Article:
Agile Work

agile work v,

to bring together people, processes, connectivity and technology in order to find the most appropriate and effective way of carrying out a particular task; used here to denote the adaptability of public health professionals in working in partnership and applying their expertise in different areas or fields

How do you start working in Public Health?

Where do I start?

Many people who approach me about working in public health are doing a Bachelor's degree in science, nursing, social science or health sciences or have been working as a clinician and are interested in focusing on people rather than individuals and in improving population health.  The best way to see if this is the job for you is to contact someone who is working in public health and ask to speak with them or ask them if you can shadow their work for a day.   

In the UK, you can do this by contacting your local public health team in your local authority or council.   You can do this by searching on the internet for your local authority and their director of public health, or looking for someone on LinkedIn.   Teams in local authority do the upstream work (i.e. health improvement, reducing health inequalities and some  health protection and healthcare).  This is a very good place to start to see some of the breadth and type of work that public health specialist teams do. 

After shadowing, you may want to do some work experience with the public health team for a week or a day or two a week over a period of time.  This is something you would approach the team about and it is subject to what the organisation can accommodate.    

Alternatively,  you could contact your local Health Education England Public Health Department for more information on working in public health.  

Do I need a Masters in Public Health? 

A Masters in Public Health (MPH or MSc in Public Health) is beneficial, desirable even but not essential. There are many managers working in public health that don't have a MPH but to further your career in public health, it is good to pursue a masters degree but it doesn't have to be public health, it can be in a related area that will benefit your career progression.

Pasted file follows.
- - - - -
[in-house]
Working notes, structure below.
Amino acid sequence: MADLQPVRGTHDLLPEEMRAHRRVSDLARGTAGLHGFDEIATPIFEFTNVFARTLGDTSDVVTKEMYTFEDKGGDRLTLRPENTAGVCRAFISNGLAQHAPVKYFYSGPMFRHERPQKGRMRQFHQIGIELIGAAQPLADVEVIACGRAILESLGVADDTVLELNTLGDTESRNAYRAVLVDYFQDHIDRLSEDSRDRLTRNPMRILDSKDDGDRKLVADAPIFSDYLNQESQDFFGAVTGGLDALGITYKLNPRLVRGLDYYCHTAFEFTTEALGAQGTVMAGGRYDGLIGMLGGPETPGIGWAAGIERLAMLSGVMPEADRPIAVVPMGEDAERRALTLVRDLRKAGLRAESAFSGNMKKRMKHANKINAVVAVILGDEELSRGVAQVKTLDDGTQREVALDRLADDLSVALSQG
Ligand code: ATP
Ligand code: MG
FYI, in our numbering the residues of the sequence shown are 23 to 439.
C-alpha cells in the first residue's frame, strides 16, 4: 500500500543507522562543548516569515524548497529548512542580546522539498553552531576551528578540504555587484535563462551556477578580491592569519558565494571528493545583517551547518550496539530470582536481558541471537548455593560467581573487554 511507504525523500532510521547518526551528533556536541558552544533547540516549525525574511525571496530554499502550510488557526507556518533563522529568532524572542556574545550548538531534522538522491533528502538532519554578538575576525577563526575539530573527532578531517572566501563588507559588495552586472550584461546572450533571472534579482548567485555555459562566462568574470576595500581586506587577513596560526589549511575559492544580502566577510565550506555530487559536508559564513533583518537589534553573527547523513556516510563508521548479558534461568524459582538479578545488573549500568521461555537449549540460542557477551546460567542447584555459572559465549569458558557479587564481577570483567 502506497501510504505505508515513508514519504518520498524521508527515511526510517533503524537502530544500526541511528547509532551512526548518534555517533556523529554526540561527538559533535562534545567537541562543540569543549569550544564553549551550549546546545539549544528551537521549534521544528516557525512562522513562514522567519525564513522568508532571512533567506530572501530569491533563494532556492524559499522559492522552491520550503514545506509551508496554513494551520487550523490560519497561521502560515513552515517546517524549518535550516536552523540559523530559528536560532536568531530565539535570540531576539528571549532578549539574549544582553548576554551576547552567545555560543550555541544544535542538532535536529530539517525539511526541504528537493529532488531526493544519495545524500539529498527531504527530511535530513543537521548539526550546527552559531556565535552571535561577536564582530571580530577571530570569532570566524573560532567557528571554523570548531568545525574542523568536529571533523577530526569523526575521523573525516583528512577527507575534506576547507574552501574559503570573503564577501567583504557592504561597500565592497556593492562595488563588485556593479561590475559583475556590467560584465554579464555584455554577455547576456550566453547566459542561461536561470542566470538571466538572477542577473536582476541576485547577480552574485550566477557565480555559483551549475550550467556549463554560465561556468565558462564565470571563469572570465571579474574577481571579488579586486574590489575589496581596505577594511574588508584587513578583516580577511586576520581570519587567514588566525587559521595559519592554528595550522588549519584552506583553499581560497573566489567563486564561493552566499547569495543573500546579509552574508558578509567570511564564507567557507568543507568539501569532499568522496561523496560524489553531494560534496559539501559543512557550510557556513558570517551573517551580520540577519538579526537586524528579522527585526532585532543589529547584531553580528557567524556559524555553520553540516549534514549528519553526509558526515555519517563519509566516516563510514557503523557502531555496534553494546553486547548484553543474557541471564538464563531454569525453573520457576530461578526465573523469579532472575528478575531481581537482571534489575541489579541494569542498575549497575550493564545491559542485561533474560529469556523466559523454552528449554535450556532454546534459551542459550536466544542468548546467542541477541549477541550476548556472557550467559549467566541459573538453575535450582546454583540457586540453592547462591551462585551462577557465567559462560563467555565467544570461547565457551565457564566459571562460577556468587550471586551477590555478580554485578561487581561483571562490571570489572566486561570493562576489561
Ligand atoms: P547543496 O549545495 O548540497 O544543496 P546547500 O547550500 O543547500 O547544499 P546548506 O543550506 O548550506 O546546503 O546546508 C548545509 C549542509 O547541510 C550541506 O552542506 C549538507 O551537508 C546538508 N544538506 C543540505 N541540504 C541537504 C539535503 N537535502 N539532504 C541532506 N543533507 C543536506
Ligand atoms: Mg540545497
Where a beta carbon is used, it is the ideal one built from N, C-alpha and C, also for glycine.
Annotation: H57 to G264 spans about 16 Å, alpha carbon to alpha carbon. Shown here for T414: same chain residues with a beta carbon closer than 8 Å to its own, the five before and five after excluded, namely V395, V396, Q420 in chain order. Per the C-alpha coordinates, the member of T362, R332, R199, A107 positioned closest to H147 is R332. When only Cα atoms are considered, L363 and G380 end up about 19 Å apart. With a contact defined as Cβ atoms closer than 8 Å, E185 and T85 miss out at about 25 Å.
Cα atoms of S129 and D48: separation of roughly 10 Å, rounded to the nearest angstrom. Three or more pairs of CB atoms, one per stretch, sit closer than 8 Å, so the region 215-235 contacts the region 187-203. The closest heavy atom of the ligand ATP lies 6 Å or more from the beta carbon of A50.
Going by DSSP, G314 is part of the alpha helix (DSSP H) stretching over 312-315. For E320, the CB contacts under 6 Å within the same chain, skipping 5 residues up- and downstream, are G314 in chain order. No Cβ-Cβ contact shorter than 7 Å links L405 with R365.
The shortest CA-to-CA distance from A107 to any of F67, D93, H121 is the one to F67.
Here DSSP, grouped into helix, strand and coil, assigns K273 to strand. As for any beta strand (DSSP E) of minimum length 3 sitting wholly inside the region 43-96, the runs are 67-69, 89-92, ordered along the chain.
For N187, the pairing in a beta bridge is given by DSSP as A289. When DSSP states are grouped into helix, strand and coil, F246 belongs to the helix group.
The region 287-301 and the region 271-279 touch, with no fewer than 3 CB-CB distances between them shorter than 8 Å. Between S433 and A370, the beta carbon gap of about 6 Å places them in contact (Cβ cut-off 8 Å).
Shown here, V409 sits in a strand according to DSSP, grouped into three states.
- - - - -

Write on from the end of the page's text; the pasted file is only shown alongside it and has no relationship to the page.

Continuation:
Doing a MPH is expensive and it is worth noting that having a MPH in the UK does not entitle you to register as a public health practitioner or specialist.  MPH is considered a 'show how' of the training or portfolio route and only covers some of the competencies you would need to do to become a practitioner or specialist.  

Some people will enter public health management and then as part of their personal development plan (PDP) or continuing professional development (CPD), they will apply to do a MPH, which may get funded by the organisation you work in.  

True that many applications will have MPH down under qualifications, but getting shortlisted is more than qualifications, it is demonstration of skills, application of knowledge and above all, a passion to do the job in question.

What about the apprenticeship route to Public Health? 

In September 2019, the Level 6 Public Health Practitioner Apprenticeship scheme was approved for delivery in England.  The first cohort of apprentices started in January 2021 and will complete their End Point Assessment by December 2023. 

This apprenticeship provides work-based training and learning, allowing apprentices to learn by doing the job, as well as gaining a bachelor’s degree in Public Health. The Public Health Apprenticeship has been aligned to the Practitioner Standards 2nd Ed, therefore, on completion of the apprenticeship one is eligible to apply to register as a Public Health Practitioner with UKPHR (UK Public Health Register). 

For more information, see UKPHR's Apprenticeship Guidance for UKPHR Practitioner Registration and Level 6 Public Health Practitioner Apprenticeship

What about the Graduate Management Scheme? 

The NHS Graduate Management Scheme and the National Graduate Development Programme often have public health placements as part of their training.  The former is available in NHS organisations including NHS England and integrated care systems whilst the latter involves training within local authorities.  Both schemes are really good for gaining experience in and understanding of working in public services.   Just experience is a really good stepping stone to furthering your public health career. 


Are there any useful websites I could look at?

PH SPOT | Helping public health professionals build their dream careers

Top Public Health Blogs (

Where are the public health jobs advertised?

Posts in public health management in the UK tend to be advertised on NHSJobs, HealthJobsUK and on relevant local authority sites (for local public health teams).

Publichealthjobs  have posts advertised in a wide range of fields. See Twitter or on their website.

Are there any recruitment or information events?


Public health introductory events will be posted on the NHS England Public Health Recruitment Hub webpage: